The A.C.L.U., NARAL and their supporters across Twitter were quick to enthusiastically cheer a “victory” for “Jane Doe,” a formerly pregnant teenager from Central America being held in an immigration detention facility in Brownsville, Tex. After a number of clashing court decisions, she had been ultimately allowed to terminate a 15-week pregnancy.
Jane Doe’s plight again demonstrates the emptiness of the argument for choice when young people face circumstances that seem overwhelming. It is hard to perceive much choice in a decision to have an abortion under detention in the United States or after deportation back to Central America, or when a dream to escape poverty and violence seems overturned by an unplanned pregnancy. Would Jane Doe have a different choice if she were able to count on those who rushed to help as she sought an abortion to just as enthusiastically support her in a choice for life?
It is hard to perceive much choice in a decision to have an abortion under detention in the United States or after deportation back to Central America.
The Trump administration rightly took steps, in this instance, unsuccessfully, to prevent the United States and government employees from becoming unwilling facilitators of abortion. It should continue to pursue that principle, despite the court outcome this time. But it should also consider how its economic and immigration policies contributed to the hopelessness of this Jane Doe.
Future Jane Does should have better choices, however they have come into the United States. Abortion does not now, and cannot in the future, offer any real justice or hope in the face of the challenges this young woman and others like her face. And the injustice of abortion itself requires us to work to protect children in the womb along with their mothers.
The socioeconomic realities that young people are escaping in Central America, the violence of gangs and the lack of economic opportunity, are indeed life-crushing. The dangers they face on the way to what they believe will be a better life in North America are grim. Many young women and girls are victims of sexual assault on this dangerous journey. But young people will continue to come north, however the debate over immigration proceeds in Washington. More merciful, comprehensively pro-life policies could protect them from unnecessary risks and heart-rending decisions along the way.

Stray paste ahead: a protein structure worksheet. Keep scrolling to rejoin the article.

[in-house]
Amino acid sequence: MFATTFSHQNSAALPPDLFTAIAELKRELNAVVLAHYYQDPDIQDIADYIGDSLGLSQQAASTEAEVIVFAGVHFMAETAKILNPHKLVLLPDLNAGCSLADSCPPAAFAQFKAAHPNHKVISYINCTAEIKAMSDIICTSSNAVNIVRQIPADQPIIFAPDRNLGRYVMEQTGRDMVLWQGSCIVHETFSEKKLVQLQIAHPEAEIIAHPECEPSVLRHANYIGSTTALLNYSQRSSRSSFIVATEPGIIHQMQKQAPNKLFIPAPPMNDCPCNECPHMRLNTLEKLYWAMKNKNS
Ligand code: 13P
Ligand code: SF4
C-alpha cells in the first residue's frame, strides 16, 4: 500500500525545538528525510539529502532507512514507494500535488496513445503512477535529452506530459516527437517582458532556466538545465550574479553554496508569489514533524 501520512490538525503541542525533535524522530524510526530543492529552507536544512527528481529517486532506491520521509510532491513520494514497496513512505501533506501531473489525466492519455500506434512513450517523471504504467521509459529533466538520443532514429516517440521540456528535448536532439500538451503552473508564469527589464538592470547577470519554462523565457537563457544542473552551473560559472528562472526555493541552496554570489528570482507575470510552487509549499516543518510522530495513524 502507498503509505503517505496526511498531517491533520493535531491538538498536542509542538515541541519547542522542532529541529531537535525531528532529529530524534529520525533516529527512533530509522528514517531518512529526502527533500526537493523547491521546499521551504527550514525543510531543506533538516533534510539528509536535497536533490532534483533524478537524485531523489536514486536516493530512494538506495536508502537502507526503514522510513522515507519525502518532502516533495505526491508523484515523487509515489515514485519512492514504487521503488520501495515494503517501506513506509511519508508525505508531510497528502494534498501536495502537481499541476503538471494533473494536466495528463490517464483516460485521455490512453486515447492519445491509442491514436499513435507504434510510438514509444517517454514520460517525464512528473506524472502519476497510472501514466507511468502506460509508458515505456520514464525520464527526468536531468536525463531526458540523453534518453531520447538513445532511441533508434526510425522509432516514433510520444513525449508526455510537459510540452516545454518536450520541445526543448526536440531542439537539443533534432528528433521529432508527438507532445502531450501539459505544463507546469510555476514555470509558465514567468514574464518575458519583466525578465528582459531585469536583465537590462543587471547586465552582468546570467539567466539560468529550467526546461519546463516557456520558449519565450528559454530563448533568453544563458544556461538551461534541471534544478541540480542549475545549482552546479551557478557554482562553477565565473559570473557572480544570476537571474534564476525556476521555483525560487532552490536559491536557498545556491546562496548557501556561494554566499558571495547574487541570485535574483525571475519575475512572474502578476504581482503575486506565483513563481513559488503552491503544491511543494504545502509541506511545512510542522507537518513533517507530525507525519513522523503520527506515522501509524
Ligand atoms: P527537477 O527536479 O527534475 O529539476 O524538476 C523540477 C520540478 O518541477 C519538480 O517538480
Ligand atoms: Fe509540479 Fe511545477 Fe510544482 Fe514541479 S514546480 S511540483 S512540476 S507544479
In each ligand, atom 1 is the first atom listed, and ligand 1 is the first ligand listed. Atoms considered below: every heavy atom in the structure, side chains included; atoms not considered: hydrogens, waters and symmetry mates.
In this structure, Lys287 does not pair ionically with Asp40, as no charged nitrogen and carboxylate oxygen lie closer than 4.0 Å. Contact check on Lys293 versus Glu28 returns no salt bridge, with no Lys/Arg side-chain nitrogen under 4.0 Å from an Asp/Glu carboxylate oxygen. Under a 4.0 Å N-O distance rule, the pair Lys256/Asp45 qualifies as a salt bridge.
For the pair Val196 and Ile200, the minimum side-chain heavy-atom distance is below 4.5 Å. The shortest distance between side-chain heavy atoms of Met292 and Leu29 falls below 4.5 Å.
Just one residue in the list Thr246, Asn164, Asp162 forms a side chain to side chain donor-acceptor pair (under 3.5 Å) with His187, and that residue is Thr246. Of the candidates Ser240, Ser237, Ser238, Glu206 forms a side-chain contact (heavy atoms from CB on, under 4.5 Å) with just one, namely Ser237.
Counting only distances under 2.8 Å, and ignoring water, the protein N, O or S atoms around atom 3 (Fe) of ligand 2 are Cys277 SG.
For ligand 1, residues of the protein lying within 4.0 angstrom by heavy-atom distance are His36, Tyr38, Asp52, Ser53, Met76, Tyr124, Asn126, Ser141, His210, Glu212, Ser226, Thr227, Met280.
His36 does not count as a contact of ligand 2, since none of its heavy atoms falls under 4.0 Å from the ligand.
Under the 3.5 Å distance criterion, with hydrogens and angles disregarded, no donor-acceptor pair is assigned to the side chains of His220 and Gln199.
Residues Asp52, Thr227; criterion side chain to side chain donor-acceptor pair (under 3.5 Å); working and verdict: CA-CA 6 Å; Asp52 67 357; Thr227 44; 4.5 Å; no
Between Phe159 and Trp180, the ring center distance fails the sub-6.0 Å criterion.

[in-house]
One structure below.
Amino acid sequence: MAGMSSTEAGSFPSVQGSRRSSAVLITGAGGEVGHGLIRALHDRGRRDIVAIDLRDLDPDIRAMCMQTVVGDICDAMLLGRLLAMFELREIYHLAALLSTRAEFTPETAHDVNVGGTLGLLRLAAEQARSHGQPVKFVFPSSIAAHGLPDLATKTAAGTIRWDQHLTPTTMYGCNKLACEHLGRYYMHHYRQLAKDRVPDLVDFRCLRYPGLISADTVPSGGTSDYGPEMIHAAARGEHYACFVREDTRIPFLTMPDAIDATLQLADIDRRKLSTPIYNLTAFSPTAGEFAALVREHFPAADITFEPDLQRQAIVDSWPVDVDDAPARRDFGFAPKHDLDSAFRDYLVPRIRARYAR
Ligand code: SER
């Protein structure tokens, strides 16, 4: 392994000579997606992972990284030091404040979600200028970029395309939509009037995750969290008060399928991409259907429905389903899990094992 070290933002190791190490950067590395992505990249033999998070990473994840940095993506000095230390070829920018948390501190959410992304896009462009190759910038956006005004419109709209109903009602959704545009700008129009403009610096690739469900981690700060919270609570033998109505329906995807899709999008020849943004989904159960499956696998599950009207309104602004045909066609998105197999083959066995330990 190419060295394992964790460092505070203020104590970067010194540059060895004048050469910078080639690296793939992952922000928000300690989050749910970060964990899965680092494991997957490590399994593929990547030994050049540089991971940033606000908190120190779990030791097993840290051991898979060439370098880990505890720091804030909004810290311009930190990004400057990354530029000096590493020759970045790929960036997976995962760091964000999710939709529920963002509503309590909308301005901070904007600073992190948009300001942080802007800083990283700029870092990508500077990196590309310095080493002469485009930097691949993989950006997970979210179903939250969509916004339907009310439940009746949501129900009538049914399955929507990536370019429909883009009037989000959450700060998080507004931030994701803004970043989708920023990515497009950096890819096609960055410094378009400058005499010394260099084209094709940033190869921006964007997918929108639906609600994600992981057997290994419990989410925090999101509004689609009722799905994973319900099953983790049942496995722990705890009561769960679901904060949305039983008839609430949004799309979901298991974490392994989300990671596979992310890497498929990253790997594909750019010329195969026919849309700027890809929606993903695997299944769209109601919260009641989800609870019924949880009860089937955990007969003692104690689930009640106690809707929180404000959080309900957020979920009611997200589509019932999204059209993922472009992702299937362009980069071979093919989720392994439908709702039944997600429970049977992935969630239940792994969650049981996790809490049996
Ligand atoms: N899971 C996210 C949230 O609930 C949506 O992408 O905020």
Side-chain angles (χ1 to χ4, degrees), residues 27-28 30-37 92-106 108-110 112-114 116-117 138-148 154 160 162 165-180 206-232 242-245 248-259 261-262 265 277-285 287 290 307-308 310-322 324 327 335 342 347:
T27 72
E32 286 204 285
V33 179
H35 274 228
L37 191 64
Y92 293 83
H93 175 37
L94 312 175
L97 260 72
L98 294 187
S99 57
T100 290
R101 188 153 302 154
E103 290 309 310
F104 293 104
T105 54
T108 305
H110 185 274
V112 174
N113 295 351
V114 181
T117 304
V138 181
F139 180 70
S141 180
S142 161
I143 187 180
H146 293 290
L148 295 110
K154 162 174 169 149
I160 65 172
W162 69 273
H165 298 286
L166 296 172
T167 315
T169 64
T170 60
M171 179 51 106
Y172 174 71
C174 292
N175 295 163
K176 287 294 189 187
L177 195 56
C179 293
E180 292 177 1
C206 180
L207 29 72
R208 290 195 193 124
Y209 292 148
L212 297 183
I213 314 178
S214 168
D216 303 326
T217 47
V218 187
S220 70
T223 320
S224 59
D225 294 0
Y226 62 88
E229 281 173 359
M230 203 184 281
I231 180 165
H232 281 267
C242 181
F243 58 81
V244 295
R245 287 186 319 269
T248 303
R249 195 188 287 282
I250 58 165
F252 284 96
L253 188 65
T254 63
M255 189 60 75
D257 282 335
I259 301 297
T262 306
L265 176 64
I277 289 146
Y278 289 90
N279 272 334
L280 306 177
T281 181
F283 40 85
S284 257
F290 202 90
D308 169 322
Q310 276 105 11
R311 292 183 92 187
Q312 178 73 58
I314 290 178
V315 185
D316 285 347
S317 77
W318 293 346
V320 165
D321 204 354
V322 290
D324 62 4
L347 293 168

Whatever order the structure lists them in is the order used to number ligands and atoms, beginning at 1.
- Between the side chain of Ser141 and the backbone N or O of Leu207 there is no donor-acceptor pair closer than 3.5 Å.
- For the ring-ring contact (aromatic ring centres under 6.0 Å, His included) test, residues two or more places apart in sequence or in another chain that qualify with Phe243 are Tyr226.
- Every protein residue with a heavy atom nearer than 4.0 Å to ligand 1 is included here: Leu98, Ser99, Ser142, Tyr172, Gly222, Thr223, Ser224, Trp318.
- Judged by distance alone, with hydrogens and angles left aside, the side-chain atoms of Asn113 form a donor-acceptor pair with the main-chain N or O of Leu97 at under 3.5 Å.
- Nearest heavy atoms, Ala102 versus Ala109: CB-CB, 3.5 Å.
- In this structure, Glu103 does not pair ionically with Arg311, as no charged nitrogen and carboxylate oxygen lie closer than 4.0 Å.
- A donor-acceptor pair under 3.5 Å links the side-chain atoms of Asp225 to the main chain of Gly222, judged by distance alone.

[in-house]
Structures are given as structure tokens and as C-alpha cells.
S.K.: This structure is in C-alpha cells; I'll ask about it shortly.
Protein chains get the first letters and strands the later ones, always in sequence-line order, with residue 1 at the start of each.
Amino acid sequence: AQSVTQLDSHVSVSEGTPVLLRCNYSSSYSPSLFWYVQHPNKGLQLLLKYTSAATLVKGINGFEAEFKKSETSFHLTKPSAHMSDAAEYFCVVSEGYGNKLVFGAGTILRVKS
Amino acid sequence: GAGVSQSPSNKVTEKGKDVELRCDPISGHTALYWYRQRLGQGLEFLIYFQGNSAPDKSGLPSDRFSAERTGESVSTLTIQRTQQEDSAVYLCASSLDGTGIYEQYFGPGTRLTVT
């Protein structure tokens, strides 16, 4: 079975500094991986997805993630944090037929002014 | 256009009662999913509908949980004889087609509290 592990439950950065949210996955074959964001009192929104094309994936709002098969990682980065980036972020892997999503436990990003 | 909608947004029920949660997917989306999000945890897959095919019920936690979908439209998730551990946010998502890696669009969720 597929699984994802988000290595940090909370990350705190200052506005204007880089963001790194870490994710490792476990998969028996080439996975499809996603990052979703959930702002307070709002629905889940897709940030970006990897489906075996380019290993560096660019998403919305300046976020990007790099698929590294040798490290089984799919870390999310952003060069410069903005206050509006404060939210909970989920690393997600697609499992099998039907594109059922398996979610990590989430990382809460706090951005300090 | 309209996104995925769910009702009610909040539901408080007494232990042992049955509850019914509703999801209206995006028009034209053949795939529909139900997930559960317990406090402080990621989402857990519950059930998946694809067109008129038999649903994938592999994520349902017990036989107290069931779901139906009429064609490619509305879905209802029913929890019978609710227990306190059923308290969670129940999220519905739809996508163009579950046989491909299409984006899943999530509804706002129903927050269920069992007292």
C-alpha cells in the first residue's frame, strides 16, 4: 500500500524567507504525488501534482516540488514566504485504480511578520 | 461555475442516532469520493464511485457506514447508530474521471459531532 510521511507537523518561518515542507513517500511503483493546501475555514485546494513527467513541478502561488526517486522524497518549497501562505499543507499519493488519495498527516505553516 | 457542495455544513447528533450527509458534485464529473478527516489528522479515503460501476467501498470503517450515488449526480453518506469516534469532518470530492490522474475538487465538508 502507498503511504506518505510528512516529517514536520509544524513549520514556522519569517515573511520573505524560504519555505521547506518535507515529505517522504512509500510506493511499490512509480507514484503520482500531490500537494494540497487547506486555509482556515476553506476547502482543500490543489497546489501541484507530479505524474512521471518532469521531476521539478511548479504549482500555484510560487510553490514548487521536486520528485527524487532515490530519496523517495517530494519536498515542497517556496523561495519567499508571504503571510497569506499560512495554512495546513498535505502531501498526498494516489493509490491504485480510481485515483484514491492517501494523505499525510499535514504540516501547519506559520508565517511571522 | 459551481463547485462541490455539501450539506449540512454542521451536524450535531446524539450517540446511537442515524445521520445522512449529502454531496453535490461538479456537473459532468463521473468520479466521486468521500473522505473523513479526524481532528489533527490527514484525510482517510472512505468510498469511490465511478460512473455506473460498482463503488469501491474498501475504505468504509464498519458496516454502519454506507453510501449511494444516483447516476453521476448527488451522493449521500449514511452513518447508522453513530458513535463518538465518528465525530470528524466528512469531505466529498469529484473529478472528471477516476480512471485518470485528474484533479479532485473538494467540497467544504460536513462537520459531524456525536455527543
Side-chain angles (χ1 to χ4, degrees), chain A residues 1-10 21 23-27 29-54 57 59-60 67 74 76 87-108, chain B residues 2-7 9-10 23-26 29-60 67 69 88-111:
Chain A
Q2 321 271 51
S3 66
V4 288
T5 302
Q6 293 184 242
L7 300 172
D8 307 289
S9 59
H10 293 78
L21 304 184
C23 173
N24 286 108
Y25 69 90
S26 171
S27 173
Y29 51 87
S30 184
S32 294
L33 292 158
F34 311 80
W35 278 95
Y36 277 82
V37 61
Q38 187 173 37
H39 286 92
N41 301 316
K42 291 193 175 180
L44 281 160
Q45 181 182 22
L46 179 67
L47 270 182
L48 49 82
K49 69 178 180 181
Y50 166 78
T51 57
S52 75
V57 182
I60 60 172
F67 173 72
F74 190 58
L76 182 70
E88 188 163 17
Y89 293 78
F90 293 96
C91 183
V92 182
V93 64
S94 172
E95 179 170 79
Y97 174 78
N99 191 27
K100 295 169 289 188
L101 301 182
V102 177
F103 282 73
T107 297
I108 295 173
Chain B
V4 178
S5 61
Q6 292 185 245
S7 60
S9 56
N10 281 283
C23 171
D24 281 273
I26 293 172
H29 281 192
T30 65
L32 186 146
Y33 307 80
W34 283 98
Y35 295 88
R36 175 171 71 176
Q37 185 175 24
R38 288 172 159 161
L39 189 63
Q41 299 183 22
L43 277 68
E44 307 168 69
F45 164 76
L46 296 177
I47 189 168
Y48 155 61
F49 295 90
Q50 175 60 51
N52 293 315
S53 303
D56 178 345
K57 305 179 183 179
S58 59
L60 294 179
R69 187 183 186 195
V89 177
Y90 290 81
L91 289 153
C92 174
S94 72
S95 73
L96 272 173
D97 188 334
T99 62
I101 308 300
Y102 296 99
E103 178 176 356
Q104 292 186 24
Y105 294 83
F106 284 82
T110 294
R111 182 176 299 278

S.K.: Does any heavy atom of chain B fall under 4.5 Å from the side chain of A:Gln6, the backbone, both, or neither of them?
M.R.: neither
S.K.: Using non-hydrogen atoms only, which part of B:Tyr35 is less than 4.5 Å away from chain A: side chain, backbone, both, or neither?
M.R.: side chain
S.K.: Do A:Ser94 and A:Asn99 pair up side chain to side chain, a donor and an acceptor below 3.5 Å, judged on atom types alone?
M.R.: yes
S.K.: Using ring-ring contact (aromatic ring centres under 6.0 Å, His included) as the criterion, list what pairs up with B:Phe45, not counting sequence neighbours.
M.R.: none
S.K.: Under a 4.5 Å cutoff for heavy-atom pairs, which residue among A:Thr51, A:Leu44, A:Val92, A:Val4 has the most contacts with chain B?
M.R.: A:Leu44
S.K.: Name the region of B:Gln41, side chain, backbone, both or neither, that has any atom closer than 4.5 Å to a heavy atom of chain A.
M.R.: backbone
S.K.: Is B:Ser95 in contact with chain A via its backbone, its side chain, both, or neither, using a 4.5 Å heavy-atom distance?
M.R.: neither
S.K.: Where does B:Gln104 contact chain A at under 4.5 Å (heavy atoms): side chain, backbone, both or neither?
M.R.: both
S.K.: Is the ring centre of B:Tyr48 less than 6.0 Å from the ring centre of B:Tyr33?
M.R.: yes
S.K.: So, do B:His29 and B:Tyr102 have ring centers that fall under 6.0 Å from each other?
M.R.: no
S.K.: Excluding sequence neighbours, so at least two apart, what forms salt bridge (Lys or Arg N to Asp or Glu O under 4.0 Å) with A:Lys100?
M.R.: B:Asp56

The injustice of abortion itself requires us to work to protect children in the womb along with their mothers.
It is a regular if specious condemnation of the people who compose the pro-life community that they are only concerned with life until birth. That cynical presupposition ignores the reality that the men and women of the pro-life movement are the same people who open their homes to couples facing unplanned pregnancies and who staff parish food pantries, housing and homeless outreach and a myriad of other social and humanitarian services conducted informally and institutionally by the church.
Now that U.S. pro-choice advocates have achieved this self-proclaimed victory in Texas, are they going to continue to advocate for Jane Doe beyond the flash point of her right to terminate a pregnancy? Or should they too be accused of being disinterested in life after abortion?
This Jane Doe remains in detention and faces many struggles ahead. The church, both pro-life and pro-immigrant, will be ready to assist her and any future Jane Does who may, in trembling and in hope, cross U.S. borders. Will it be afforded that opportunity? Will other Jane Does be allowed to seek its help?